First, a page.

Jo Stafford Time – CBS Radio / Armed Forces Radio Service – 1952 – Gordon Skene Sound Collection –
Jo Stafford; a name which may not ring a lot of bells unless you were around in the 1950s, but a name which was synonymous with Popular music before the dawn of Rock n’ Roll. From her days as a singer with The Pied Pipers group solo in the Big Band of Tommy Dorsey before embarking on a solo career.
She had a string of hit records from 1944 all the way to 1959 – she had her own TV and Radio program and was a regular on practically all of the well-known variety shows of the era.
Jo Elizabeth Stafford (November 12, 1917 – July 16, 2008) was an American traditional pop music singer and occasional actress, whose career spanned five decades from the late 1930s to the early 1980s. Admired for the purity of her voice, she originally underwent classical training to become an opera singer before following a career in popular music, and by 1955 had achieved more worldwide record sales than any other female artist. Her 1952 song “You Belong to Me” topped the charts in the United States and United Kingdom, the record becoming the first by a female artist to reach number one on the UK Singles Chart.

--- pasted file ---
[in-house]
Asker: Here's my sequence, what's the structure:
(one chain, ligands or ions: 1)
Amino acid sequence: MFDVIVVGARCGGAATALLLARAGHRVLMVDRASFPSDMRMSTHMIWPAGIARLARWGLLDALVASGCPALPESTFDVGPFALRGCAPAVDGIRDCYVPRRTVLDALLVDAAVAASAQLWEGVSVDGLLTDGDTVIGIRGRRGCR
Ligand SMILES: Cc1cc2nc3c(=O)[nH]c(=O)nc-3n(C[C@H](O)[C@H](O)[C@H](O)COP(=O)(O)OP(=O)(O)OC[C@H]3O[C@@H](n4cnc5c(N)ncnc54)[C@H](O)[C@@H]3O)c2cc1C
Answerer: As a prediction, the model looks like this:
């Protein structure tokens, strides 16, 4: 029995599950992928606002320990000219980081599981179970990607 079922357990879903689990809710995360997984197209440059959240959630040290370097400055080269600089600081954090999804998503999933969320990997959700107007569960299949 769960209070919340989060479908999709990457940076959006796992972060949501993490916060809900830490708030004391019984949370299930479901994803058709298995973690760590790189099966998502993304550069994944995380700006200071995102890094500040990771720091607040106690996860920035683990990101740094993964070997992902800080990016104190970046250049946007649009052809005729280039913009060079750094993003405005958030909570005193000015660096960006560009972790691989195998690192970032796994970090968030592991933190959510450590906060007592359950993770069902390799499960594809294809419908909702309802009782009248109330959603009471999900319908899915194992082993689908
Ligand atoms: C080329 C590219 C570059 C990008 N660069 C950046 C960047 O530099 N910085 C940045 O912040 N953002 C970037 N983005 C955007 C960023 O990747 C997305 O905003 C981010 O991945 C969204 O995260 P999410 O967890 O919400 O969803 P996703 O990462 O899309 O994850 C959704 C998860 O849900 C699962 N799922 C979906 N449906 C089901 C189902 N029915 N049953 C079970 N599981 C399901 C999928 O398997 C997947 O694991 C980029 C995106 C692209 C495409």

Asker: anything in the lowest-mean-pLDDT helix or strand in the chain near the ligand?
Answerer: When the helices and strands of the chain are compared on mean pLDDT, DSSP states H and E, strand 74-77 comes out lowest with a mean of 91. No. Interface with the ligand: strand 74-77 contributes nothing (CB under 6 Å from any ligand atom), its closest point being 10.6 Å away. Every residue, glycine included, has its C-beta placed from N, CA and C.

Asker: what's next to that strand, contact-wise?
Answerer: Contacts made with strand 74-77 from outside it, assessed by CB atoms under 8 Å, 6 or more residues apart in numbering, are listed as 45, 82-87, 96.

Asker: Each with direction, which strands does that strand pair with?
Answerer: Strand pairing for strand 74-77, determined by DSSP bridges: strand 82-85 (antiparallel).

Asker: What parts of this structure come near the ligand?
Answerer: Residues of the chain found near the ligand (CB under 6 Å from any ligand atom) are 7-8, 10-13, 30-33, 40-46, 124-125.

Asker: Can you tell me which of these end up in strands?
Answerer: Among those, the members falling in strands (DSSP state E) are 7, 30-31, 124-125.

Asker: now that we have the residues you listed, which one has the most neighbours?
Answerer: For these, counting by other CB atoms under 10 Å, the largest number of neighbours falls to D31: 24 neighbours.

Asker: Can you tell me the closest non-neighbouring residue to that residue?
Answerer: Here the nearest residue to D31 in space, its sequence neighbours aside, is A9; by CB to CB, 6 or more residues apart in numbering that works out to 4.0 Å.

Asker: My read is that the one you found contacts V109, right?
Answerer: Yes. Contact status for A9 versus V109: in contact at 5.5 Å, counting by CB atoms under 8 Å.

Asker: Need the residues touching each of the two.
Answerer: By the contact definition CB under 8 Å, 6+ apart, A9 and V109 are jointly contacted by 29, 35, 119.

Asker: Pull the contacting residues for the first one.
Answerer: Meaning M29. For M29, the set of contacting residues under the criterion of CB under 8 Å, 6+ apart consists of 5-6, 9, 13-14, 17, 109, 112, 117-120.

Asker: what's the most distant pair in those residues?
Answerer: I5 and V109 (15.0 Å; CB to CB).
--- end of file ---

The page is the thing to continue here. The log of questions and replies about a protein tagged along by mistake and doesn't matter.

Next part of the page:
Stafford was married to composer/arranger Paul Weston, with whom she had two children. Weston and she developed a comedy routine in which they assumed the identity of an incompetent lounge act named Jonathan and Darlene Edwards, parodying well-known songs. The act proved popular at parties and among the wider public when the couple released an album as the Edwardses in 1957. In 1961, the album Jonathan and Darlene Edwards in Paris won Stafford her only Grammy Award for Best Comedy Album, and was the first commercially successful parody album. Stafford largely retired as a performer in the mid-1960s, but continued in the music business.
To get an idea of just how mainstream Pop Music was sounding in the 1950s from one of its most popular proponents, here is a 15 minute radio show produced for CBS and aired on both CBS and the Armed Forces Radio Network in 1952. On this program she’s also joined by the Page Cavenaugh Trio, another group riding a wave of popularity in the late 40’s and early 1950s.
Yes, music was different then – a lot different.